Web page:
Love All, by Elizabeth Jane Howard
Love All is a dreadful title — sounds like the memoirs of a lesbian tennis player — for an elegantly old-fashioned novel. It is set in the late 1960s; but there is little to anchor it to this period: the occasional references to the Beatles, or to Mary Quant, give a temporal specificity so at odds as to seem perversely anachronistic.
This is not because Elizabeth Jane Howard’s settings lack physical specificity. Love All is set partly in Maida Vale (indeed, in the very house, with its marble-floored conservatory, where Howard lived with Kingsley Amis in the Sixties) and partly in a village in the West Country: details of interiors, landscapes, food, clothing, gardens, cats, are as ever evoked with intimate and loving detail. Howard’s sheer personal enjoyment in these particulars is infectious — communicative enjoyment.
The themes that dominate this book are equally personal. In her autobiography Slipstream, Howard wrote perceptively of her own insecurities, which prompted her to sleep with men for whom she felt no desire: the chasms of neediness that arise from ‘a great hunger to love, and to be in love’. Love All explores the forms this hunger can take.
It begins in the aftermath of an affair. Persephone (Percy) Plover has just been dumped by her married lover, and realises, to her chagrin, that it is not only her ex-lover who has been dishonest. She was never more to him than a bit on the side; but she too has been full of ‘craven pretence’. ‘She hadn’t even wanted him very much. She’d wanted other things she thought could be exchanged for sex.’
But Percy’s distorting longing for ‘a romance of heroic proportions’, with accompanying youthful doubts about whether she is capable of ‘true’ love, is only one of the forms of yearning for missing warmth.
The novel is full of characters damaged by neglectful, absent or dead parents (in Slipstream, Howard writes movingly of her own profound guilt at being a ‘bad’ parent, unable to bond with her infant daughter). Percy’s Greek mother and English father had little in common, except their ‘lack of enthusiasm, expressed in different ways, about being parents’.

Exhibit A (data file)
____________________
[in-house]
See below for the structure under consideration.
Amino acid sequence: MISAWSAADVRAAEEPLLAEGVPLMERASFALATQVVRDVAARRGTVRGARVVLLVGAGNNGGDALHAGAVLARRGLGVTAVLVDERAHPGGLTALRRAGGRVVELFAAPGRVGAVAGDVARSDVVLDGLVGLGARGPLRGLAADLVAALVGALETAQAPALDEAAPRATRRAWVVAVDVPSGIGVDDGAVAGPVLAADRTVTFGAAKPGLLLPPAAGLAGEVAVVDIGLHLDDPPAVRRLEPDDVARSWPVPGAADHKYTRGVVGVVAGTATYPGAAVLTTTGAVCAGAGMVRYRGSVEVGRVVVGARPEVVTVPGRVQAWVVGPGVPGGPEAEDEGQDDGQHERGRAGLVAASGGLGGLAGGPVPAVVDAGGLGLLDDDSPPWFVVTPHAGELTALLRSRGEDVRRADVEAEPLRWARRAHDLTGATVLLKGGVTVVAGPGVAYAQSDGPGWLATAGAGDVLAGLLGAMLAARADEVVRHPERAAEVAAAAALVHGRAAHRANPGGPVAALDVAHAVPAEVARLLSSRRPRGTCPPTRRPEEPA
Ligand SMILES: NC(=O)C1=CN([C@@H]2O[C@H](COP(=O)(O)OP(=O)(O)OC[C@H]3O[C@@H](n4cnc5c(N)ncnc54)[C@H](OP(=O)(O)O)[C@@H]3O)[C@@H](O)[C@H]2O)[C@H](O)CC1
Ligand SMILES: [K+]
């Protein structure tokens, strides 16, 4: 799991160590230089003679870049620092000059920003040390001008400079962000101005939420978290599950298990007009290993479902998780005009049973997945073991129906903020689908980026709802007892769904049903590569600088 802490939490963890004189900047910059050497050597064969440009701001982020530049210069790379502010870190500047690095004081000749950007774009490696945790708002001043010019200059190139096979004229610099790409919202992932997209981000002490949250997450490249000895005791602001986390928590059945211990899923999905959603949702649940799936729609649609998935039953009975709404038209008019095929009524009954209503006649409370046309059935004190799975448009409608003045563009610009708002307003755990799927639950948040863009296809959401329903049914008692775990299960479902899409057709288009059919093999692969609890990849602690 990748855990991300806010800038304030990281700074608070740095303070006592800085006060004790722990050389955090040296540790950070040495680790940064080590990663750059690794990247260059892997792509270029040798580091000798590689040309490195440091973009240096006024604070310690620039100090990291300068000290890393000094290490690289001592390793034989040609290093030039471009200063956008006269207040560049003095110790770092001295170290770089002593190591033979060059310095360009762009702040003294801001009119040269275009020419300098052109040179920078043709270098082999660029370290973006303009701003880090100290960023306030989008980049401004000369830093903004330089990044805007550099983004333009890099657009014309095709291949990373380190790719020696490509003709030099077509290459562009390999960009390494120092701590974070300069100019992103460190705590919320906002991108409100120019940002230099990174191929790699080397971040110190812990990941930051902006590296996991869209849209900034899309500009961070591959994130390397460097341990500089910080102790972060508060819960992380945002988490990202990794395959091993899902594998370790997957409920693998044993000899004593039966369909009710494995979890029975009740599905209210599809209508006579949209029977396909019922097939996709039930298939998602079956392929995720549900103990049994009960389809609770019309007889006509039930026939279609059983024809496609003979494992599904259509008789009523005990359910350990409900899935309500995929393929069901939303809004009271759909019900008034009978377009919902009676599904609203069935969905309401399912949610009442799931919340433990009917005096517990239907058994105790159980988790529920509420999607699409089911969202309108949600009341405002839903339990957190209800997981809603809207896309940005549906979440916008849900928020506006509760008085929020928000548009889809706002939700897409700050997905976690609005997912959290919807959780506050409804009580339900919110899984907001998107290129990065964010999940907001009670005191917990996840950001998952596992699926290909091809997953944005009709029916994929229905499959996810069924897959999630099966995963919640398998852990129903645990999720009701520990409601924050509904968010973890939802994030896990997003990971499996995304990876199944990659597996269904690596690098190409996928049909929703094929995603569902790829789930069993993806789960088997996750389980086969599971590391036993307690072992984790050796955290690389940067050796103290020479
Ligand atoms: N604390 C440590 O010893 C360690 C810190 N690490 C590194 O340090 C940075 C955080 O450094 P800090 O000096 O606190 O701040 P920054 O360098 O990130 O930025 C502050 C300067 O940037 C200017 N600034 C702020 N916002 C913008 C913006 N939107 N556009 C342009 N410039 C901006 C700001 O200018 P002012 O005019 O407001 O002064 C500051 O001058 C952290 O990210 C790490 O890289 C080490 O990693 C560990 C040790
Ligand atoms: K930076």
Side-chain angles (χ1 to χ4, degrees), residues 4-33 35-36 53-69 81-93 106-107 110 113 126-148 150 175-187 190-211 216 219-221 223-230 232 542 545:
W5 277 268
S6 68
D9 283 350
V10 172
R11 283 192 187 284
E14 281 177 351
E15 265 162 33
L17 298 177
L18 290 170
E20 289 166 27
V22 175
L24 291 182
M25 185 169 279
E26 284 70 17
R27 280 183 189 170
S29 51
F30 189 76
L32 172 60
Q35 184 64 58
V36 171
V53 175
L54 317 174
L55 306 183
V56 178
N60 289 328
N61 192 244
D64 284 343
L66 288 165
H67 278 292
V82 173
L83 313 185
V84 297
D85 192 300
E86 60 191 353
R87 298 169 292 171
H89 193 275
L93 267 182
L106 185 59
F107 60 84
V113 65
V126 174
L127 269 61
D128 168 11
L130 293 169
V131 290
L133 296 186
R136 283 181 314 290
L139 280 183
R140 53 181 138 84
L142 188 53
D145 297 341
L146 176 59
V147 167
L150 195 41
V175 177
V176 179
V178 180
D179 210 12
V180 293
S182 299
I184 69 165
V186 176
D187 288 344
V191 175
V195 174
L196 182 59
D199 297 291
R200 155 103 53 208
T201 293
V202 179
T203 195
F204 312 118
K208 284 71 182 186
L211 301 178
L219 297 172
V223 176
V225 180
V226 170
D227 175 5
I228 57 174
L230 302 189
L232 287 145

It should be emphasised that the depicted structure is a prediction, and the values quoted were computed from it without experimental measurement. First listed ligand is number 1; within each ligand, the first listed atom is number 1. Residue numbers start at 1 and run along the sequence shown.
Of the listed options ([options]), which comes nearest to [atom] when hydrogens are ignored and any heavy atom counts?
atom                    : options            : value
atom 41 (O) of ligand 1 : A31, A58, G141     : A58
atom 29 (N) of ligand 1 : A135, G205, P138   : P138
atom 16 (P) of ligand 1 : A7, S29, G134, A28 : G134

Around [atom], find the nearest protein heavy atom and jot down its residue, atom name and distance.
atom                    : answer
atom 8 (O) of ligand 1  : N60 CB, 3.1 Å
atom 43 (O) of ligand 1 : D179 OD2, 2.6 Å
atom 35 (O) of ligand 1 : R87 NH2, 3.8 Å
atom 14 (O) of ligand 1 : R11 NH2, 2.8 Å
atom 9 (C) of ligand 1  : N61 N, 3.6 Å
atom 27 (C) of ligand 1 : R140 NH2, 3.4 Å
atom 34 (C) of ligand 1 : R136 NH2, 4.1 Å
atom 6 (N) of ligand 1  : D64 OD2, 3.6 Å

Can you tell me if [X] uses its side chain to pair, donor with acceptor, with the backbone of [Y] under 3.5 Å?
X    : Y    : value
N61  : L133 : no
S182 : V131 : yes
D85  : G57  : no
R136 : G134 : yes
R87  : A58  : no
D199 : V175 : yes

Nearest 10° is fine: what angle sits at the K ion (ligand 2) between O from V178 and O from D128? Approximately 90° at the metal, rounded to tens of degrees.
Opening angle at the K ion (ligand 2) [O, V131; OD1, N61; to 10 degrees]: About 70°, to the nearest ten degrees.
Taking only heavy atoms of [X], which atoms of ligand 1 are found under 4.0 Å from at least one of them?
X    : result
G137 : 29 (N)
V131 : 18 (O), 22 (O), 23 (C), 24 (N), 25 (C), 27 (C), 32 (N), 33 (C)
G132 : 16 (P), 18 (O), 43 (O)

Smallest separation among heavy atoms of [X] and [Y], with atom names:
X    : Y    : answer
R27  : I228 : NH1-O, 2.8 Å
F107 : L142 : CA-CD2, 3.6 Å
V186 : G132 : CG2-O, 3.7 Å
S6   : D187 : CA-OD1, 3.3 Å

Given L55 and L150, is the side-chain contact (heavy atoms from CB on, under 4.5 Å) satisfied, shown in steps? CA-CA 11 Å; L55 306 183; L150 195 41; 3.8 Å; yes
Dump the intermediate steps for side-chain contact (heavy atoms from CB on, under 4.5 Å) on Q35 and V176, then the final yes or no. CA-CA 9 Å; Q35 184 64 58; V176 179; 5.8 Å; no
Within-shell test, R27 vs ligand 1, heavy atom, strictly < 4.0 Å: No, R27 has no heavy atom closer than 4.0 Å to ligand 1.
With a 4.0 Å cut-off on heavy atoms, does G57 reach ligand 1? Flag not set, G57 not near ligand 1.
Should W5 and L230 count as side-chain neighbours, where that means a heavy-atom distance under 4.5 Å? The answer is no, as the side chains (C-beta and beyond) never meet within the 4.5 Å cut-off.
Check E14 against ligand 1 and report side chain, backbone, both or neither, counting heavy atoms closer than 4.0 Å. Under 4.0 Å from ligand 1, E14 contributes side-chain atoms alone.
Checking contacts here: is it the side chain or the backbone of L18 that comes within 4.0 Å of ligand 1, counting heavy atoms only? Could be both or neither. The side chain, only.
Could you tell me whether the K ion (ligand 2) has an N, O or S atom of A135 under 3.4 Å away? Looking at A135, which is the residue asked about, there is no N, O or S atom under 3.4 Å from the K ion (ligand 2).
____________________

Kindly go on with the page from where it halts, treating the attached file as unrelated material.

It is her spinster aunt, Floy, whose own lover had been killed in the war, who fills the gap and repairs the damage. Floy is a garden designer, and takes her niece with her on her latest assignment. She has been hired by Jack Curtis, a self-made divorced millionaire, to restore the gardens of the manor house he has bought in Melton. Jack has no family (he was brought up by foster parents with minimal mutual affection) and only two friends: he plans a local arts festival to stave off loneliness.
The children of the previous owners of Melton House are living as impoverished tenants on his estate. Thomas and Mary Musgrove were abandoned as children by parents who moved to Kenya and were killed in a car crash, by which time ‘grief at being abandoned had long since congealed to resentment’. The children were left in the ‘unremittingly impersonal’ care of their aunt Gertrude, who ‘lived entirely for herself, cocooned by the gratification of her small but exacting requirements’. The children at least have each other: Mary as a child lives for the ‘scraps of careless praise’ thrown her way by her glamorous, generally favoured older brother.
Mary, like Floy, is a coper and carer. Thomas is romantic, feckless and self-absorbed. When he is shattered by the death in another car crash of his glamorous wife, Celia, Mary comes to his rescue and moves in to mother her three-year-old niece, Hatty, whose grief is expressed in tantrums, bedwetting and ‘orgies of destruction’. (All these aunts … perhaps this is what gives the book such a curiously old- fashioned feel. Where are the fictional aunts of yesteryear?) Celia’s brother, Francis, also gravitates towards Mary’s sphere. He is a would-be painter, afraid he will never come to anything, and in shock at the death of his sister, who shielded him from the bullying of his selfish father.
There are, as this synopsis suggests, almost no good parental role models in this novel. Even Admiral Connaught, a neighbour who is one of the carers and who adored his soldier son, was unable to tell him of his love before the boy was killed; he lives with a crippled wife and a pretty but selfish and indolent daughter for whom, guiltily, he feels little love. Favouritism is his secret sin.
Sharp moral judgment is passed on all Howard’s characters: clear, but not simplistic. They are judged, as Howard judged herself in her autobiography, by the extent to which they are ‘spoilt, selfish, needy’; yet she makes it plain that neediness takes many forms, and that unselfishness as well as selfishness may come from that primal ‘hunger for love’.
Occasionally, the themes are so strong that the characterisation becomes a little schematic. Jack Curtis, in particular, remains oddly sketchy (on p. 56 he is given a life-long aversion to whisky; on p. 123 he is sipping his Macallan). Perhaps property developers are not Howard’s forte. Yet the novel is always emotionally intelligent and extremely readable: fine old-fashioned virtues.